“I am writing this at the behest of my advocate, Mr Andrew Sinclair, who since my incarceration here in Inverness, has treated me with a degree of civility I in no way deserve.”
GOOD writing is like singing, you hit a tone, a note and stick with it. The brogue, the history, the croft all sing as do the swiftly drawn characters and the setting of 1869 Culduie, Rothshire. We don’t get enough of this kind of semi journalistic history which delves into the fiction or faction of our own past and evokes the lives of ordinary people before us in a believable way. The cottages at the centre of this murder are still there and available for rent.
It calls itself a novel but this is also a Macrae writing about a Macrae. We are not bodice-ripping our way around political palaces, but have our hands in the peat bog. The issues are contemporary, as if they never went away and still haunt us. Roddy is a quiet boy in class who lets his sister speak for him but as it turns out he is a bright boy who does not want to show his classmates up…and as Macrae says in the introduction if he wrote this account himself then it was a feat itself, which is a part of the mystery.
The writing is economical, slightly period and elegant without too much flurry or flounce. “It was rather that he was better adapted to unhappiness”. It moves forward with actions and events and a minimum of exposition. We know from early on that we are being played with, drawn into a story of…well perhaps that is the rub. Sane or insane?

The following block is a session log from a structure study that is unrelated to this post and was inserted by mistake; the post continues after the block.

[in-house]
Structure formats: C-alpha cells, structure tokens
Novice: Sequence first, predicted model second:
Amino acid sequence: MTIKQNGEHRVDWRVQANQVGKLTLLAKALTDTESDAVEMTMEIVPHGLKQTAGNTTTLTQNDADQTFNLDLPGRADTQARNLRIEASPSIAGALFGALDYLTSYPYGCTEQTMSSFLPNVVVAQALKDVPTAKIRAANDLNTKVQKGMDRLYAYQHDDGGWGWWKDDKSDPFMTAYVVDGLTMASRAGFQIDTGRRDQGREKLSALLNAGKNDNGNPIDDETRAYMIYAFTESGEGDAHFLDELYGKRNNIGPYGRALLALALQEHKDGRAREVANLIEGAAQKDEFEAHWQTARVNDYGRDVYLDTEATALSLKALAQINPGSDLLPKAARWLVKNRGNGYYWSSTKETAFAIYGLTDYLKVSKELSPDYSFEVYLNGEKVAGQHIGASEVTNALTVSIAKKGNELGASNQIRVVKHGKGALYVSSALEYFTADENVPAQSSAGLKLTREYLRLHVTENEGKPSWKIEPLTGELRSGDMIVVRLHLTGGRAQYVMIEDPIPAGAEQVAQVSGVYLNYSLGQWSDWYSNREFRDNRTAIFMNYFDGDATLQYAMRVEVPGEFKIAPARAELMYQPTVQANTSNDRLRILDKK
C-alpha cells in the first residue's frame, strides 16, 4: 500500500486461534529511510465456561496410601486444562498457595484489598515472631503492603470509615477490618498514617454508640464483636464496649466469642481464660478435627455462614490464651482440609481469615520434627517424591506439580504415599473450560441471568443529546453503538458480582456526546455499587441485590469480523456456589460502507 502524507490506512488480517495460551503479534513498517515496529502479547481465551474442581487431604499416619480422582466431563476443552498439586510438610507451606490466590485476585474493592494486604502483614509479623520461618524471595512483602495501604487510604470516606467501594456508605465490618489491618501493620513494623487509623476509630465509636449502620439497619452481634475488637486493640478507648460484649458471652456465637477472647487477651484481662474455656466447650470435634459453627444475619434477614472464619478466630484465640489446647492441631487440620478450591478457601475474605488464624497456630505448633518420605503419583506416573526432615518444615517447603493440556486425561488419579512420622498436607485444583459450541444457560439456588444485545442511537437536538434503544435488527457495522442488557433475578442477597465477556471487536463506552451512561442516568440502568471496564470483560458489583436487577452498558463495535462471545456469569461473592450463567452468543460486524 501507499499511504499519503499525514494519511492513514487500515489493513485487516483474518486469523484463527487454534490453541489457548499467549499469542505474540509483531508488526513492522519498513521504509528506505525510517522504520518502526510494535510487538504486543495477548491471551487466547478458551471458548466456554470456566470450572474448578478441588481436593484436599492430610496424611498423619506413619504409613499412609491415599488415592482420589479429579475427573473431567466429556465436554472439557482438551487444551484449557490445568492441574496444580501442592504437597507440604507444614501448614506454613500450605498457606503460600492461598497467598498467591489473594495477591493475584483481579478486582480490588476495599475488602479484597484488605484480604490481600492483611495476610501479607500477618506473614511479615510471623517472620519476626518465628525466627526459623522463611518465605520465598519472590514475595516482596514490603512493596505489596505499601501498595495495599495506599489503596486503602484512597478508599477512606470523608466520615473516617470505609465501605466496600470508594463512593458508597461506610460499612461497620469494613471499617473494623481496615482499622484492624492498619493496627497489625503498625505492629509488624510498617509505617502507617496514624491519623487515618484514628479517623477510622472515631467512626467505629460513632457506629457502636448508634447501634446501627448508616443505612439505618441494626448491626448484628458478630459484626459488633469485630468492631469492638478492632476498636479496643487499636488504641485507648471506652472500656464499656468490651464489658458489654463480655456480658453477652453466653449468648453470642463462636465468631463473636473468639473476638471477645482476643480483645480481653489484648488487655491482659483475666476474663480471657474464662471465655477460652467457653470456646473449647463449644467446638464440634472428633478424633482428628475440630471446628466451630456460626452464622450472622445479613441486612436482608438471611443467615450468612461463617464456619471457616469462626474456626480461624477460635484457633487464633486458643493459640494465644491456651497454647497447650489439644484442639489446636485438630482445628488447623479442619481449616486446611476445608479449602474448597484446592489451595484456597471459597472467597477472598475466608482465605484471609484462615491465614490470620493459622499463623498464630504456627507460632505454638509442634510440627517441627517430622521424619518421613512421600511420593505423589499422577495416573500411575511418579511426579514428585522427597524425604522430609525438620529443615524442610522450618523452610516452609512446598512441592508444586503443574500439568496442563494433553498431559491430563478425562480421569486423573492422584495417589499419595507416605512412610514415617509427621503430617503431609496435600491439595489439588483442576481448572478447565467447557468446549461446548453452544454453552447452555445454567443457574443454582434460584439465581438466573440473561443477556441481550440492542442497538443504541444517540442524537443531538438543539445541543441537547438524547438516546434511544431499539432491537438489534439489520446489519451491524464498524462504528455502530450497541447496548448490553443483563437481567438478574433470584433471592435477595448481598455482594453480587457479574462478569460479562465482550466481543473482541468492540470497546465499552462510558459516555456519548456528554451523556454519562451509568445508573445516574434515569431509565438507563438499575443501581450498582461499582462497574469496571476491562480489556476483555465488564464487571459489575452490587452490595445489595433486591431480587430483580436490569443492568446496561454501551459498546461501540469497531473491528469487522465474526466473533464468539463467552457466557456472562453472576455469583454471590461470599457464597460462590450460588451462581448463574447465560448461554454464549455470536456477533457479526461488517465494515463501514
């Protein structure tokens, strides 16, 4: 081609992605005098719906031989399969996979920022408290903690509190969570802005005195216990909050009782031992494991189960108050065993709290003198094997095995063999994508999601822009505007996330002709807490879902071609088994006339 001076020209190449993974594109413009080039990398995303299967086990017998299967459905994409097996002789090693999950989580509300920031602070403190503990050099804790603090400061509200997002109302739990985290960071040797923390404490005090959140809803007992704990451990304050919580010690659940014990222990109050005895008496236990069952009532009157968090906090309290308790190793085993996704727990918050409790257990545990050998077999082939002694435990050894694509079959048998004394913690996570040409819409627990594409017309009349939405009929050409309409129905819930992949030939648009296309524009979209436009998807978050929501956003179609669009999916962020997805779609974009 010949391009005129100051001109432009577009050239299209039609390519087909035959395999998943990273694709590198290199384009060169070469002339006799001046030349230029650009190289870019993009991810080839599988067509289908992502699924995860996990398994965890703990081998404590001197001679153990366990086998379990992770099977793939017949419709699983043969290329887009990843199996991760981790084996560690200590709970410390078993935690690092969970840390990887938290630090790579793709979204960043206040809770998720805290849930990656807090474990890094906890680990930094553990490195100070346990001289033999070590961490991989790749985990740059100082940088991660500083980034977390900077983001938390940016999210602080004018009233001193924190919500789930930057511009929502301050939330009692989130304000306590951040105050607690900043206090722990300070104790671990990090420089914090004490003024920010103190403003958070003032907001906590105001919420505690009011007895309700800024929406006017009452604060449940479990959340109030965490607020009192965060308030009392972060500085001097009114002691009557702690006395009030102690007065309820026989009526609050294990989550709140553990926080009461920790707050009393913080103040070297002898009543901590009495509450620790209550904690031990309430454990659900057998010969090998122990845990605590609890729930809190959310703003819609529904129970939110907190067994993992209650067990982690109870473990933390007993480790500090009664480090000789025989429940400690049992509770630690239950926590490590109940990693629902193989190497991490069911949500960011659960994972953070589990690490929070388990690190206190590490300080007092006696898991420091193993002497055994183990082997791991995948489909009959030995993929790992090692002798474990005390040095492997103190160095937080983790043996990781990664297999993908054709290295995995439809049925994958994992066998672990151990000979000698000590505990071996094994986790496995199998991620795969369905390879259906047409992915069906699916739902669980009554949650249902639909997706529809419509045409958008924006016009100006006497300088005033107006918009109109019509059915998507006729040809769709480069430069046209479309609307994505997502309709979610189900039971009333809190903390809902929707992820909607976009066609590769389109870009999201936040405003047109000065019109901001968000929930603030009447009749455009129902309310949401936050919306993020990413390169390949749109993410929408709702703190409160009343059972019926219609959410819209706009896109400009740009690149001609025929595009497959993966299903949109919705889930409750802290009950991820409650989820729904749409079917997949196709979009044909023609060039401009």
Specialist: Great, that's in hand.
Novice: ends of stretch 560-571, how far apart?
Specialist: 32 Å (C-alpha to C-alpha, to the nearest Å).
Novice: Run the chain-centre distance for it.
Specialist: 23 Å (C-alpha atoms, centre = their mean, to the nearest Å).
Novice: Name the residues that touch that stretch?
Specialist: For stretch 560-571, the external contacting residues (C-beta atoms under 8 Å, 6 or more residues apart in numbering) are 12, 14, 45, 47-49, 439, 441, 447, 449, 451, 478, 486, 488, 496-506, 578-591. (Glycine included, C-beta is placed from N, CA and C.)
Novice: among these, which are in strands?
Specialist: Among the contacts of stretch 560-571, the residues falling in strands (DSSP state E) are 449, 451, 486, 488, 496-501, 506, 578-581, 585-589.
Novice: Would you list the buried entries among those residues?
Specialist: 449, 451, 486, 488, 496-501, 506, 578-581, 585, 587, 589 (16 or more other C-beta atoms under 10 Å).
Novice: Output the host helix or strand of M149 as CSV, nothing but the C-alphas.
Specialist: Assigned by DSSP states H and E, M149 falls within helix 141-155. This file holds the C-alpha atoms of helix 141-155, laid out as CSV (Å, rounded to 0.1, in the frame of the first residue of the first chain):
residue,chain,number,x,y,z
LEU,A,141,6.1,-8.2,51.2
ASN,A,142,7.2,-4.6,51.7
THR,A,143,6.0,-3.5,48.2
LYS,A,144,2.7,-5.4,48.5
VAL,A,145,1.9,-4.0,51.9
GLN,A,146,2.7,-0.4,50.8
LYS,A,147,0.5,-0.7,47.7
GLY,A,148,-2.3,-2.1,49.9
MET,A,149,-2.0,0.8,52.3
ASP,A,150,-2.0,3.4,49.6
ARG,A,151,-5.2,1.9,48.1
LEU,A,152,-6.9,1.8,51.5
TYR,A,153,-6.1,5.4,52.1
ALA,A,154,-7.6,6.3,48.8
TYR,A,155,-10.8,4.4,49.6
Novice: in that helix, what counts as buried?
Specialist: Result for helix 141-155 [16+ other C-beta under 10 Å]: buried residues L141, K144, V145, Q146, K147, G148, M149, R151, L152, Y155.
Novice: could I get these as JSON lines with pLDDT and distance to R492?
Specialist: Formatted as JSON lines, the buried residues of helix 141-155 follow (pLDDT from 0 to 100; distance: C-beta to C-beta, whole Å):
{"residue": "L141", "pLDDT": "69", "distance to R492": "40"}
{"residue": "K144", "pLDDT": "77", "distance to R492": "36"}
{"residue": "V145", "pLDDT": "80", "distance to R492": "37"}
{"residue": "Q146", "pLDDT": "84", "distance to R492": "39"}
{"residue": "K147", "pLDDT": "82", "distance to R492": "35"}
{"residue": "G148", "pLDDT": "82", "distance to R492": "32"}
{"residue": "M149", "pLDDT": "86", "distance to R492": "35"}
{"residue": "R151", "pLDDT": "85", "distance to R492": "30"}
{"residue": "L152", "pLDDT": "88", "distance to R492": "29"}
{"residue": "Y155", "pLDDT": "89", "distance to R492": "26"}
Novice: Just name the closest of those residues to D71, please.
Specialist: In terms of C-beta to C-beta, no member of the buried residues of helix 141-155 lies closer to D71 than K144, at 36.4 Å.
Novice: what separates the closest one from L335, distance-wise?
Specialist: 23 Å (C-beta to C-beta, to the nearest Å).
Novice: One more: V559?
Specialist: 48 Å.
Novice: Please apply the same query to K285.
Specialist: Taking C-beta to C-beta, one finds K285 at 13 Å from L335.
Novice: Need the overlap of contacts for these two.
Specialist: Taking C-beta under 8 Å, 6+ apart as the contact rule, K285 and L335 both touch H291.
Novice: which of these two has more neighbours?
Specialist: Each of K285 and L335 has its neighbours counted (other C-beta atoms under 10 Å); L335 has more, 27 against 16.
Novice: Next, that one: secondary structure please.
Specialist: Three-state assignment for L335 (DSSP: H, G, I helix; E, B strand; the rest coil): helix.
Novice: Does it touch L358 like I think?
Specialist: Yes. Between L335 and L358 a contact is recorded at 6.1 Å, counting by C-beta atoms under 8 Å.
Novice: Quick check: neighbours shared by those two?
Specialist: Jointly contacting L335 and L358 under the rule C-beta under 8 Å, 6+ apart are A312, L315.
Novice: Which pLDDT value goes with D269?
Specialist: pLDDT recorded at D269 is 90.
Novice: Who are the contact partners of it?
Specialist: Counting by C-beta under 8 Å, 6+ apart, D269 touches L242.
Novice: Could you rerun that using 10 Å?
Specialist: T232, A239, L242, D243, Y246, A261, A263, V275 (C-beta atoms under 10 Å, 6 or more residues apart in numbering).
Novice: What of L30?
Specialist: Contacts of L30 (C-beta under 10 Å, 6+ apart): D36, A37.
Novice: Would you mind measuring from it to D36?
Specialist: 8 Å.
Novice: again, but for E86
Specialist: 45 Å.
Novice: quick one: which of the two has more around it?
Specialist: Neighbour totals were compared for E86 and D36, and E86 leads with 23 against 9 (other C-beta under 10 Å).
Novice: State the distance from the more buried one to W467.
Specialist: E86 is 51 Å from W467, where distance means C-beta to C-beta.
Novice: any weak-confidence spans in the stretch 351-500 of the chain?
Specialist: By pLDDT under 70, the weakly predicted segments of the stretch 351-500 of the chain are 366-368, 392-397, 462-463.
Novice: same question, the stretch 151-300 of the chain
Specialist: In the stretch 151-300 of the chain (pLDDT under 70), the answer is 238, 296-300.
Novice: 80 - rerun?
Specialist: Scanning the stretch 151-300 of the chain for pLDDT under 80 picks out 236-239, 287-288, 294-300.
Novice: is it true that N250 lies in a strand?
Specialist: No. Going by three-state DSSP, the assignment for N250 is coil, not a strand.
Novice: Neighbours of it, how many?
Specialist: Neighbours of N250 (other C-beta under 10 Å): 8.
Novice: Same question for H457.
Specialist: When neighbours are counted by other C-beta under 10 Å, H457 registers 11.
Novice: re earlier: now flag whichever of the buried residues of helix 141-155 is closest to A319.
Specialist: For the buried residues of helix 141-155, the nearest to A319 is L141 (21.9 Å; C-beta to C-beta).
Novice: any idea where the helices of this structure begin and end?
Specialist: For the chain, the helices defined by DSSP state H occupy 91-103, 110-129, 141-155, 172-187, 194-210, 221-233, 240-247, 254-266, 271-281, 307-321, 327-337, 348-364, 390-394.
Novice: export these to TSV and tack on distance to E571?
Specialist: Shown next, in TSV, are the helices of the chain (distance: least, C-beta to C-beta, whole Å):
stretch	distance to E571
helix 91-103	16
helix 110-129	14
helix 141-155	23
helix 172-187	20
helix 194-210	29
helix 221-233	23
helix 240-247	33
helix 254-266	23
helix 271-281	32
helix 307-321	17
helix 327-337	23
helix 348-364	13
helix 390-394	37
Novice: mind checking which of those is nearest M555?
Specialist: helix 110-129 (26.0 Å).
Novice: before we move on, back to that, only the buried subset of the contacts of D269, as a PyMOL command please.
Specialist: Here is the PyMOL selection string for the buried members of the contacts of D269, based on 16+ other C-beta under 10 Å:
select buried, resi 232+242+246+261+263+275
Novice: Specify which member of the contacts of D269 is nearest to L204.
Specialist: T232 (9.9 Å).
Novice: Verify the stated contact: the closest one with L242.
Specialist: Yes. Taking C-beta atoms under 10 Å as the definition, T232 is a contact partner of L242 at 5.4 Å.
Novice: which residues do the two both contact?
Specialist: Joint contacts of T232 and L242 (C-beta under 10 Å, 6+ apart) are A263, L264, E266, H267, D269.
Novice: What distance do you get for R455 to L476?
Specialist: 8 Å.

Burnet is quietly researching his grandfather’s family history, when he discovers a murderer in the family. “If my judgements in this seem questionable, I can only direct the reader to consult the manuscript which remains in the archive at Inverness,” he confesses. You will want an old armchair, a dram and a Janet MacPherson (for those old enough to remember Dr Finlay) to bring a tray of shortbread biscuits out to sustain you here.
The organisation is clever. The preface tells of the family quest. This is followed by statements from the scene. And then the main part is in the prison cell. Finally we are in court for the discovery. Throughout Burnet manages to maintain a sense of the present tense as he reassess the guilt or otherwise of his forebear, his involvement providing a gimlet into the heart of the wound and also asking inevitably how we might respond now.
Ideas are played with. What are your plans for the future? Only what is meant for me, I replied. Providence or fatalism hang in the air of the croft politic. Also a sense of the supernatural visually represented by a very different crow to that which features in Max Porters Grief. Eventually both collude. The background scenery is shifted around the great bullying themes of the time, class declensions, pious Presbyterianism, the Highlands, this after all is only a decade or so after the Irish famines, although here it is more bannocks than potatoes. We are also at the infancy of criminal madness…It is listed for the ManBooker Prize later this month.